Journal

Thoughts...

Date

Sunday, 17 July, 2011

Content The Problem

We all have busy lives and they aren't getting any quieter without compromise. Personally, I always have a persistent to do list ranging from menial tasks to major, creative, long term projects. And with home and family craving more of my attention, life is a constant struggle to get things done. And then there's "actual work" of course.

Cry

Things do get done, whether it's within a half-implemented GTD system, via my To Do checklist, stickies notes or reminders and tasks in my calendar. I even get inbox-zero once in a while. But I'm always wondering how to be more efficient, more productive. And I'm assuming I'm not the only one.

Categories

Self Development.

Date

Thursday, 31 March, 2011

Content A little after the start of 2011, I finished another Expression Engine CMS based website for IPCN (International Program Content Network), who are an Anglo-Chinese entertainment and media business specialising in the Asia Pacific region with a particular focus on China.

IPCN home

The architecture, visual design and layout were relatively simple as this was the approach my clients favoured.

Date

Saturday, 26 February, 2011

Content Whilst selling photography to magazines is an everyday transaction for some people, for me it's not. So it is with an amateur's glee that I announce the publishing of one of my shots from Taiwan in the latest issue of Monocle, one of the only mags I actually still buy. I wish I could write a post on how to do it, but in fact, the Monocle photography assistant simply got in touch after seeing the photo in my Flickr account. A modest sum was arranged and I was a happy holiday snapper!

Taiwan Photo in Monocle

Even if the shot is actually so small that I missed it the first time I flicked through the Monocle Taiwan special. And that they spelt my name wrong. Unless you happen to be writing the pinyin from the Mandarin pronunciation of it (Hu). Publishing evidence below.

Categories

Made By Mark. Photography.

Date

Sunday, 13 February, 2011

Content Ever since the digital media industry has carved out roles such as visual designer or developer, if you've ever worked AS one of them, I'm betting my virtual soul that you've worked WITH the other.

Take this scenario. The designer comes up with a snazzy new interface that uses multiple colours, one for each section of a website. The designer's boss approves and even adds to the idea. He gets the sign-off and talks to the developer to make it happen.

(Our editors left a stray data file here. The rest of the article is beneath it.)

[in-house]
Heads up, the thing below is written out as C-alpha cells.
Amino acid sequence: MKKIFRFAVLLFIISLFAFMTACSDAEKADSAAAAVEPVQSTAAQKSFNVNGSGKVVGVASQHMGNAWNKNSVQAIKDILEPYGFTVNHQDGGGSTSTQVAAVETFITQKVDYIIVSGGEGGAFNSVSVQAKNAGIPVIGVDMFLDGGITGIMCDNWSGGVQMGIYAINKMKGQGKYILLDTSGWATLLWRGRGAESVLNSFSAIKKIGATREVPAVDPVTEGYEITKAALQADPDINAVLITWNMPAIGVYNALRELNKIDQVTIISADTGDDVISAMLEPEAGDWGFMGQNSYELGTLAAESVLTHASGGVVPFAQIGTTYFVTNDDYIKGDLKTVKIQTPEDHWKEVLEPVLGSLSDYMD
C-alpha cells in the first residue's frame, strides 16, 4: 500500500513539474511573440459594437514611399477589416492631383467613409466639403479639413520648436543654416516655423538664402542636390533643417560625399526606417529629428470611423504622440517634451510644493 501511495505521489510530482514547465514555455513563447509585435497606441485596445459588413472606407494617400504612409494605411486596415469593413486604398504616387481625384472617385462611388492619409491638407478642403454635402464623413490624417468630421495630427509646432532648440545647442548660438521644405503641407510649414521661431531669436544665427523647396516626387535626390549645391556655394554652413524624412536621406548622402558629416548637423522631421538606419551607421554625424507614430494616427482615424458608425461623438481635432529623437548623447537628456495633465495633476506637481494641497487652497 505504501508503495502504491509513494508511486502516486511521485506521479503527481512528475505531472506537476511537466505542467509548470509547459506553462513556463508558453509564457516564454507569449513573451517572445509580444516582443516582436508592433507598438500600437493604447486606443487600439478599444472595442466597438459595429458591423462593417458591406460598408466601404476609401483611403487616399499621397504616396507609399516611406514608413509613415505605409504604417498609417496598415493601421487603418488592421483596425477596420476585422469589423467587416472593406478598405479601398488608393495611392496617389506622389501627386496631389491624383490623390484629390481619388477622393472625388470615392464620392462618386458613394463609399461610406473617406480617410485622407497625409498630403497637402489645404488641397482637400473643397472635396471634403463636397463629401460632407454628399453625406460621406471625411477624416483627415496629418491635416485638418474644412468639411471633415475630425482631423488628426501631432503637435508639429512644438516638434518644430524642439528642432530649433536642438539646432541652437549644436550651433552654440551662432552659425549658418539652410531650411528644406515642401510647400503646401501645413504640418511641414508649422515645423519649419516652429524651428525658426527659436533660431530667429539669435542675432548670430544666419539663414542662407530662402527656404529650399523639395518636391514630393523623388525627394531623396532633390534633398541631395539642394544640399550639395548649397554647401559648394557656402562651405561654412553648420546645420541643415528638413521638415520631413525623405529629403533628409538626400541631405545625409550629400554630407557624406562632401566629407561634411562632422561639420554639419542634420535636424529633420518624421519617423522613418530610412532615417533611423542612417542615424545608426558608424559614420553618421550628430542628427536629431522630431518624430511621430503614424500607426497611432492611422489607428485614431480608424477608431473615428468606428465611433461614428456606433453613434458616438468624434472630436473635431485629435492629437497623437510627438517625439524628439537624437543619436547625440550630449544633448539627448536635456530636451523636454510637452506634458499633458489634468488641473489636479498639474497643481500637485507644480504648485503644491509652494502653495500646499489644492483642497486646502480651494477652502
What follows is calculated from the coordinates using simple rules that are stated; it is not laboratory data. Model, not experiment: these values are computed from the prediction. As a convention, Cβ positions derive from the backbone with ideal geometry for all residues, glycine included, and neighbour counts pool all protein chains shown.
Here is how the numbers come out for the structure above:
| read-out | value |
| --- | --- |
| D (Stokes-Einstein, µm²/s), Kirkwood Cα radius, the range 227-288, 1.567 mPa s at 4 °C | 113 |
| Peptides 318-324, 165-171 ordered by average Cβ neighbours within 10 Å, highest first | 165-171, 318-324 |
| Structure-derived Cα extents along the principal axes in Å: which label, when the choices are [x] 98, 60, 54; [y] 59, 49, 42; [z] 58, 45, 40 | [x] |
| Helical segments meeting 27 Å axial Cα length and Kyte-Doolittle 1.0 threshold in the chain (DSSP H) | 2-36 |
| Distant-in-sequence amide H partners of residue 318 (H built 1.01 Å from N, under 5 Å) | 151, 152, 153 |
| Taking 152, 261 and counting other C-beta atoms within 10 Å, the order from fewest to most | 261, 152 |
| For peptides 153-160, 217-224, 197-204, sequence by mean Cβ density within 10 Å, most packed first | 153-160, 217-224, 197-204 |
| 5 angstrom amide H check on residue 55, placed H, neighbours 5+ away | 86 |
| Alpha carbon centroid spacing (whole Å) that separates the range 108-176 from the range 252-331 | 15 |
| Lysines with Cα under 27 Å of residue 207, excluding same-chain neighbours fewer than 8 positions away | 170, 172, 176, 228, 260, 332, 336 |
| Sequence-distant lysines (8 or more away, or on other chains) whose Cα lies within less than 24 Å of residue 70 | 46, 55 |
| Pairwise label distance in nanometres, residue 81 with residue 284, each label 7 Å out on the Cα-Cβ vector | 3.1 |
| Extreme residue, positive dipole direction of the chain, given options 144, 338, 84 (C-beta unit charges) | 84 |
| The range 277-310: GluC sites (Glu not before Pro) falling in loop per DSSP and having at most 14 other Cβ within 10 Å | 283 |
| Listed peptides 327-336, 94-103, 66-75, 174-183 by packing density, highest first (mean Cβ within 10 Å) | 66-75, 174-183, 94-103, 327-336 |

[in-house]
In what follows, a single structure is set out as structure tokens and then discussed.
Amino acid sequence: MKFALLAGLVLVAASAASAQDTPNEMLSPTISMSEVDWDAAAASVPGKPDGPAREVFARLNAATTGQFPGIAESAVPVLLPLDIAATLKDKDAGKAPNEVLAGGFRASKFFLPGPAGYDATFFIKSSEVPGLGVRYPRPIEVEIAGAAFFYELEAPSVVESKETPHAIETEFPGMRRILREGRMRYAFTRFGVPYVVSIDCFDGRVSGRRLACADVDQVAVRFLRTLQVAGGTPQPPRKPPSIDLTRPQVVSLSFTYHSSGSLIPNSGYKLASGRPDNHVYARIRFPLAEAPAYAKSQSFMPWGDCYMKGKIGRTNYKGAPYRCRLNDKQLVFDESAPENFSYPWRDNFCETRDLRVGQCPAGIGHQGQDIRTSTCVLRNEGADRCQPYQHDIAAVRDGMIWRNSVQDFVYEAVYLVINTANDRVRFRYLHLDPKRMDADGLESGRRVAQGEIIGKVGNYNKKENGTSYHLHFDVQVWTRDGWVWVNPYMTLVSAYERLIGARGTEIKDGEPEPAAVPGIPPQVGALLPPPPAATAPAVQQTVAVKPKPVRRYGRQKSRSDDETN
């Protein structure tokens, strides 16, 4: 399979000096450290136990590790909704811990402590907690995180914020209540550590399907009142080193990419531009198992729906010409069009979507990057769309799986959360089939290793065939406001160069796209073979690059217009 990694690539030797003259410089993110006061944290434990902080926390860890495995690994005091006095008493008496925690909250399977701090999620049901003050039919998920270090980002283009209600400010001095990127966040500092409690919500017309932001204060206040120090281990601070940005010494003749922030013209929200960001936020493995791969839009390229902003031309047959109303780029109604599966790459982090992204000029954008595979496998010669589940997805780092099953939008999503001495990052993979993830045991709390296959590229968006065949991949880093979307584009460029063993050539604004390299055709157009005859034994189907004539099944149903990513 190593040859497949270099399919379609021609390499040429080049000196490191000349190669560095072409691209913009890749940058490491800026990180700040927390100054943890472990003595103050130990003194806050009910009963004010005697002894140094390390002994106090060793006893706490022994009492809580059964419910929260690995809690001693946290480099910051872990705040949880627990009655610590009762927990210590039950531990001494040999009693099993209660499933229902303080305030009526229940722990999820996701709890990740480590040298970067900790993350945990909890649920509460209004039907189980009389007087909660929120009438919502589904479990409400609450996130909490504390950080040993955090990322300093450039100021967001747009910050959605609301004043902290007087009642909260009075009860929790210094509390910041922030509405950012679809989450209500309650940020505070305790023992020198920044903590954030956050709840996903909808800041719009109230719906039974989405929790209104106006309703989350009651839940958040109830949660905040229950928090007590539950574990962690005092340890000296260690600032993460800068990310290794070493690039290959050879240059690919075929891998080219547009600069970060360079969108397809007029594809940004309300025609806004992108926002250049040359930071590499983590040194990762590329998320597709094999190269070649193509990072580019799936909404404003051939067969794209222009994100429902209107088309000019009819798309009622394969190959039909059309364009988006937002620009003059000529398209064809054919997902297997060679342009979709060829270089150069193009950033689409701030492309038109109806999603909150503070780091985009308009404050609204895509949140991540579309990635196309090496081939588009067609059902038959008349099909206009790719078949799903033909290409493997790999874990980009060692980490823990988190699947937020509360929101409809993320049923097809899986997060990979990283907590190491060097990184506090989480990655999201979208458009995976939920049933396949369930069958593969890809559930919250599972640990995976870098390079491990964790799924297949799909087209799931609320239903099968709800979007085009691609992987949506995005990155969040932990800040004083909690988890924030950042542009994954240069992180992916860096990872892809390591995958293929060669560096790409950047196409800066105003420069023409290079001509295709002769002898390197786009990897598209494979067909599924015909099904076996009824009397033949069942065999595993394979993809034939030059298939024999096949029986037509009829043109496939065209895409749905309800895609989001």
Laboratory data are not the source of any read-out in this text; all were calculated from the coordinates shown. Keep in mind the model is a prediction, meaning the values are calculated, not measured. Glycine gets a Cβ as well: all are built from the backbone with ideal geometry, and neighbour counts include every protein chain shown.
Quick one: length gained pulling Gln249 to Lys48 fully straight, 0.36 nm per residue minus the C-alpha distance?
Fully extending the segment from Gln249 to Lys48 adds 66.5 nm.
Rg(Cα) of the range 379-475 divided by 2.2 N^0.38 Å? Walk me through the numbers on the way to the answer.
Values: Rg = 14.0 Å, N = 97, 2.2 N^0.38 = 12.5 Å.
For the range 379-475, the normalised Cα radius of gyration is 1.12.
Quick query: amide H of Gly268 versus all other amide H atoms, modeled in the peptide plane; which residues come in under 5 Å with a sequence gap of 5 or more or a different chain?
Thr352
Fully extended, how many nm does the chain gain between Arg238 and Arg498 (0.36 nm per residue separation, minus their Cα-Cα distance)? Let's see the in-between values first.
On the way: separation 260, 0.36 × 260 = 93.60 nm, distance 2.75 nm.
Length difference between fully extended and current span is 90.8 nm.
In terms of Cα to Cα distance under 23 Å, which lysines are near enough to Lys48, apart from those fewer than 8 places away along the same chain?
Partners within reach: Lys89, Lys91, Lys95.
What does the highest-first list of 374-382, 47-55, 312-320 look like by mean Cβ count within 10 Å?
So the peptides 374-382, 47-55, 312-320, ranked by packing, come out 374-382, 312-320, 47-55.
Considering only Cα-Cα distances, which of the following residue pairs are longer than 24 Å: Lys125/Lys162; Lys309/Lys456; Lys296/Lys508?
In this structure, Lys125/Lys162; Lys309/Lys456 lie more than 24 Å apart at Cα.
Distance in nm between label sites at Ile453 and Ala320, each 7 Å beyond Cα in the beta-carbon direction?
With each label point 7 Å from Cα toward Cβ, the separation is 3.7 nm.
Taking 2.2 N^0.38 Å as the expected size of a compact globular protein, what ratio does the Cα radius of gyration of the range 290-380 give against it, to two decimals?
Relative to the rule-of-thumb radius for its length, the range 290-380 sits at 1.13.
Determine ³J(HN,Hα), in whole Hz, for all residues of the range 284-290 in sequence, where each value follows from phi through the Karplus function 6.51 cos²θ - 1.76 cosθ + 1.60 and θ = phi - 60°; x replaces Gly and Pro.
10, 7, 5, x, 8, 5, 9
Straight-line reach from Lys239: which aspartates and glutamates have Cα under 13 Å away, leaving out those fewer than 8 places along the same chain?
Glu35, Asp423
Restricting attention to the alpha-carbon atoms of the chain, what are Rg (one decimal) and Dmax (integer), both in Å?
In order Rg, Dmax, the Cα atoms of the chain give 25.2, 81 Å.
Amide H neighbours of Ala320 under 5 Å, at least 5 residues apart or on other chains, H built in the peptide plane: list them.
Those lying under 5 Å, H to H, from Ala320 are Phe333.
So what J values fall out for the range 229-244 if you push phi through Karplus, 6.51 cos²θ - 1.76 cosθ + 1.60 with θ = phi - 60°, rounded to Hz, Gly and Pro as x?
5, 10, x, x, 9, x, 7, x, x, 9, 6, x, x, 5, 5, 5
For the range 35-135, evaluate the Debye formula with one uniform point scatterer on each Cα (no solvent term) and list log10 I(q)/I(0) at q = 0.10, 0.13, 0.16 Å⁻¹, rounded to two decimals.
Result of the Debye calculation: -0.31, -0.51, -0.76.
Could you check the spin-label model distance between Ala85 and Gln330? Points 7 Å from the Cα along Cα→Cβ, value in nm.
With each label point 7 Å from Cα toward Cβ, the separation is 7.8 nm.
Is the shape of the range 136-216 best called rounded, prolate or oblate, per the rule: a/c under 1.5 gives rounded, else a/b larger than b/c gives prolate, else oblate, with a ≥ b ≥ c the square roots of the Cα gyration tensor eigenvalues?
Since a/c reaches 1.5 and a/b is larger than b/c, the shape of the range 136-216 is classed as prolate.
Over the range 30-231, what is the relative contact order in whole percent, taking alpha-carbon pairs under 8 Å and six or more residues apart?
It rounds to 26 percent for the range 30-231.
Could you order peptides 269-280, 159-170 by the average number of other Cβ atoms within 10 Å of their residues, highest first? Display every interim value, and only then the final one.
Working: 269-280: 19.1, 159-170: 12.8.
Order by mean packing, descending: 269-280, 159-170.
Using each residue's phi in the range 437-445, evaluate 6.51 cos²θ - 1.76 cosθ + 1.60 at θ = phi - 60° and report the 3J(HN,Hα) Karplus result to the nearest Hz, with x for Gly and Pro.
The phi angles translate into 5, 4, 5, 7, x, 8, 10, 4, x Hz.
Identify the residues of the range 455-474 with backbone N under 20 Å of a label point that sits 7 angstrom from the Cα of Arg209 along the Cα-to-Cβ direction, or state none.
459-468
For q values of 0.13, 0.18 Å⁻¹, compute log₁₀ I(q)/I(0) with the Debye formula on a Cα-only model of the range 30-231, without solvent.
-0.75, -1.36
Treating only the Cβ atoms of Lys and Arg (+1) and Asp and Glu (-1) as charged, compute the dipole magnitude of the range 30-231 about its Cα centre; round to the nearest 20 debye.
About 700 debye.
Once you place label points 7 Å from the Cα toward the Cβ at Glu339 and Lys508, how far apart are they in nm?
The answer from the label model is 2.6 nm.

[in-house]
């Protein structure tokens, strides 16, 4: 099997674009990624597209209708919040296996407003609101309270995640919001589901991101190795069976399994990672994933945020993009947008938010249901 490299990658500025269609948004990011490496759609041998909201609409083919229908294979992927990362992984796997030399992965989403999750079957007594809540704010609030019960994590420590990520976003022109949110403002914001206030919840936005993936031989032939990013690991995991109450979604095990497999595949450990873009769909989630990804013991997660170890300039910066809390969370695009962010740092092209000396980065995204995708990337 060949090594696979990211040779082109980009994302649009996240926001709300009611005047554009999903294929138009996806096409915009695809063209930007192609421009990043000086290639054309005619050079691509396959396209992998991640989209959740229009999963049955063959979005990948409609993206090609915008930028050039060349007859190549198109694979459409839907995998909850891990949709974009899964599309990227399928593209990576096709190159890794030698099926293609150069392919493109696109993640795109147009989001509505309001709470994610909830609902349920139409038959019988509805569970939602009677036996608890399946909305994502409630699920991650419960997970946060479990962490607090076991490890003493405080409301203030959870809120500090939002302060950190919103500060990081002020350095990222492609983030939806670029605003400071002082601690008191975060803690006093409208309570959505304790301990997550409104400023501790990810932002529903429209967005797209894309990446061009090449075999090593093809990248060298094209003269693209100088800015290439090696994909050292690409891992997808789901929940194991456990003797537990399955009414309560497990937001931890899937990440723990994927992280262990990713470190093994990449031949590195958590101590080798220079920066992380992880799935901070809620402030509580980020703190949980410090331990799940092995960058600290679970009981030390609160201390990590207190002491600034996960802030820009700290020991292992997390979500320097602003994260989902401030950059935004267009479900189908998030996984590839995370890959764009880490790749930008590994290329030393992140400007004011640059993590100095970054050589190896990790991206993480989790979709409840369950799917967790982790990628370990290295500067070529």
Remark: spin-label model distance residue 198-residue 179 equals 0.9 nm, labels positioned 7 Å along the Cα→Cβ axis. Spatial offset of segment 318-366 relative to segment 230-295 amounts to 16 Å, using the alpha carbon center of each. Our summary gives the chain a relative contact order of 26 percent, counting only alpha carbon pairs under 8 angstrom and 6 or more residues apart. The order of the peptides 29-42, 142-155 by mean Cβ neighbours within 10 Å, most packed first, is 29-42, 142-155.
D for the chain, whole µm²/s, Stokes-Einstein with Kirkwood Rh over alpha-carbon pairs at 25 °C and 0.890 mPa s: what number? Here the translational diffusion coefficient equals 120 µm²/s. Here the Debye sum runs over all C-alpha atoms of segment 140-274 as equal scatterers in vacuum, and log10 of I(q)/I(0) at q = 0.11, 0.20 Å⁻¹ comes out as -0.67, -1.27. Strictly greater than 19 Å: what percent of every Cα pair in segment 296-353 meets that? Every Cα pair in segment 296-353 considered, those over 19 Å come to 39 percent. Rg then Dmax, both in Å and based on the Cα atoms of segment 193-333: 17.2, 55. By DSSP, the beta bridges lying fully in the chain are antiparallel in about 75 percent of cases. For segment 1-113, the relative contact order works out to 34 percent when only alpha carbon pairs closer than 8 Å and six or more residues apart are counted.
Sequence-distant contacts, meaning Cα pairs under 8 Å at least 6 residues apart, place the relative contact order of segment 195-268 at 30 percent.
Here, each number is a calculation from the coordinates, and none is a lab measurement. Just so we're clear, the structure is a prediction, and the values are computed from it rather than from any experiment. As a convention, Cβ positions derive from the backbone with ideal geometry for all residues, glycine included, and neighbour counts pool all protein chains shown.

The developer double-checks. "You want each section to have its own colour?" Yep.

The trouble is, the developer has to build this interface inside of an existing content management system that already allocates a generic colour and isn't built for such customisation. The developer rolls his eyes and declares that it's not worth their time to figure out a way to do this, just to have some "pretty colours".

Date

Sunday, 30 January, 2011

Content I recently met with a budding, young journalist - Carmen Kong - who was interested in talking to me about Visible Chinese and about British Chinese identity in general. She also hails from my ancestral home town of Tai Po in Hong Kong, so she had me at hello. The result is the following article for Euromight (a website that focuses on ethnic minority), reproduced here with kind permission from Carmen. Update: Carmen also posted the article on her own website here.

Euromight

MARK WU: MAKING BRITISH CHINESE VISIBLE

By Carmen Kong

Meeting Mark Wu for the first time in central London inexplicably brings a sense of familiarity - busy traffic, chained-coffee shop and a very Chinese face screams "Hong Kong!" to me. We spend quite a long time reminiscing about the places and food, and chatting in a mixture of Cantonese and English.

Like me, the 34-year-old graphic and web designer has a vivid memory of Tai Po district, the suburban area in Hong Kong where I spent the first 17 years of my life. But Wu grew up in a completely different environment, as a son of British immigrants from Hong Kong. Wu's parents moved to the UK before he was born and opened their own takeaway food shop in North London. Like many Chinese immigrants, they worked countless hours every day, seven days a week, to provide a good education and decent living for their three children. Wu, who runs his own interactive design and consulting company, still recalls the days (and weekends) working behind the counter taking orders. And like many Chinese immigrants, they were silent. They caused no trouble and made no comments on society or politics. It was as if they were invisible.

Categories

East Asian Culture. Press.

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